The Detour Dilemma

I’m looking at a weird detour sign in my writing life. Not sure if it’s a detour worth taking, or one I should just ignore. It might even really be a caution sign. I’m not sure.

I write memoir, nonfiction, devotional-type essays, and poetry (which tends to be concrete and nonfiction). I’ve always said I could never write fiction. I love to read fiction, but I just don’t have the creativity to imagine an entire world and story line to write fiction. I’ll leave it to more creative minds.

This past weekend I took the train to Seattle to visit friends. With 3 ½ hours on the train each way, I thought I’d write in the peace and quiet, sans family interruptions. My plan was to get my nonfiction book submissions ready for the Oregon Christian Writers summer conference submission program. Turned out I put the wrong files on my new computer and the ones I needed are on my dead computer and on a back-up drive.

So I decide to finish reading “On Writing” by Stephen King, which my son gave me for Christmas. I’m intrigued by King’s writing method. He says he almost never plots a story. So, as OCW folks would say, he’s a pantser. Plotting, he says, makes the story stilted and dull. Instead, his books begin with a situation. For example, “Carrie” started as a situation involving an outcast girl with acne who was bullied. Then he added a “what if?” For “Carrie” it was “what if she had telekinetic powers?” Then he just writes what the characters do in that situation. He imagines what would happen if his “what if” came true.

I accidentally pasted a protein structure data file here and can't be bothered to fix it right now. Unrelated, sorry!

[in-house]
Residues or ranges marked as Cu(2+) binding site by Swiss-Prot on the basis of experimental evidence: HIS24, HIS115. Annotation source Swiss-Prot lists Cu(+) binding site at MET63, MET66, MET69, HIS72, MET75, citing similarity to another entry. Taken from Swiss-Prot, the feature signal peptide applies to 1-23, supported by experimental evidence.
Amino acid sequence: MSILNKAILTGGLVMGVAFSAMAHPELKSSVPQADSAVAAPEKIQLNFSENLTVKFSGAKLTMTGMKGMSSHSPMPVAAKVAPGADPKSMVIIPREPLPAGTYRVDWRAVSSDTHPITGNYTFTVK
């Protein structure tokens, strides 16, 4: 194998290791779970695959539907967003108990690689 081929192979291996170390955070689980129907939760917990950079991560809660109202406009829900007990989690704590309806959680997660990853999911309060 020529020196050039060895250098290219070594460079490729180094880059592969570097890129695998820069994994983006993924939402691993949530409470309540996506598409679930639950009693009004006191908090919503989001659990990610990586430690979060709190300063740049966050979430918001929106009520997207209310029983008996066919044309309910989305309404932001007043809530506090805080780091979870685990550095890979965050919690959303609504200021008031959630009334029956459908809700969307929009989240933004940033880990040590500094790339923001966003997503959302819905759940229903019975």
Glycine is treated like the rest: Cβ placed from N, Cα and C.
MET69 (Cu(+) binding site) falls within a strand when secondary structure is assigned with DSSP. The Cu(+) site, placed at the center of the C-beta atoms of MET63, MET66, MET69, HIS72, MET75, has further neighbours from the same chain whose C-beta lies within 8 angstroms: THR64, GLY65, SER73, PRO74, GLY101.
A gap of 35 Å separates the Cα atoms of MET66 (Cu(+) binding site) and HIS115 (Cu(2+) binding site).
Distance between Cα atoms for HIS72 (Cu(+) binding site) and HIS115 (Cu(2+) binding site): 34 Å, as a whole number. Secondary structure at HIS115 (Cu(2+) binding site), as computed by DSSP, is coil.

I finished the book on the train ride home and thought, “Well, that was interesting, but I don’t write fiction.” I still had time before arriving in Portland, so I opened my Kindle and remembered I’d downloaded the sample of “Farenheit 451” by Ray Bradbury. I’ve been wanting to read it for some time. I love dystopian literature. I started reading it and when I got to the end of the sample I needed to know what happened next. As soon as I got home, I bought it and continued reading.

Then on Monday during my lunch hour I decided to see what the prompt was at dVerse Poets Pub. It involved flash fiction that had to include a certain phrase. You can read what I wrote here. It may not be perfect, but I realized that I apparently can write fiction!

Today I was off work for a medical procedure and while I was resting (per doctor’s orders), I continued to read “Farenheit 451.” I noticed that while Bradbury may have plotted this story, it’s more likely that he started with a situation and a “what if?” For this book, the “what if?” is something like “what if firemen started fires to burn books instead of putting out fires?” I suspect I’ll discover some other “what ifs” as I continue to read.

Then I had this strange idea for a dystopian novel, so I made some “what if” notes in my Color Note app on my phone. As I made dinner, other ideas for how the flash fiction I wrote yesterday could be the seed for the first chapter. The character in my flash fiction, Mary, started filling in some backstory details of how she came across the pregnancy test she used to determine she was pregnant.

And here I am, looking at this detour sign that’s calling me to delve into a writing genre I love to read but have never, ever, ever thought I would write. I think I’ll camp out here for a bit, ponder whether the detour is worth taking or is maybe the only safe way to go.

About Linda Kruschke

I am a Jesus Freak, and I don't care who knows it. I am a wife, mother, sister, aunt, daughter, and friend. My blood family is only part of the larger family of Christ that I belong to. I love to write, especially about my dear Savior.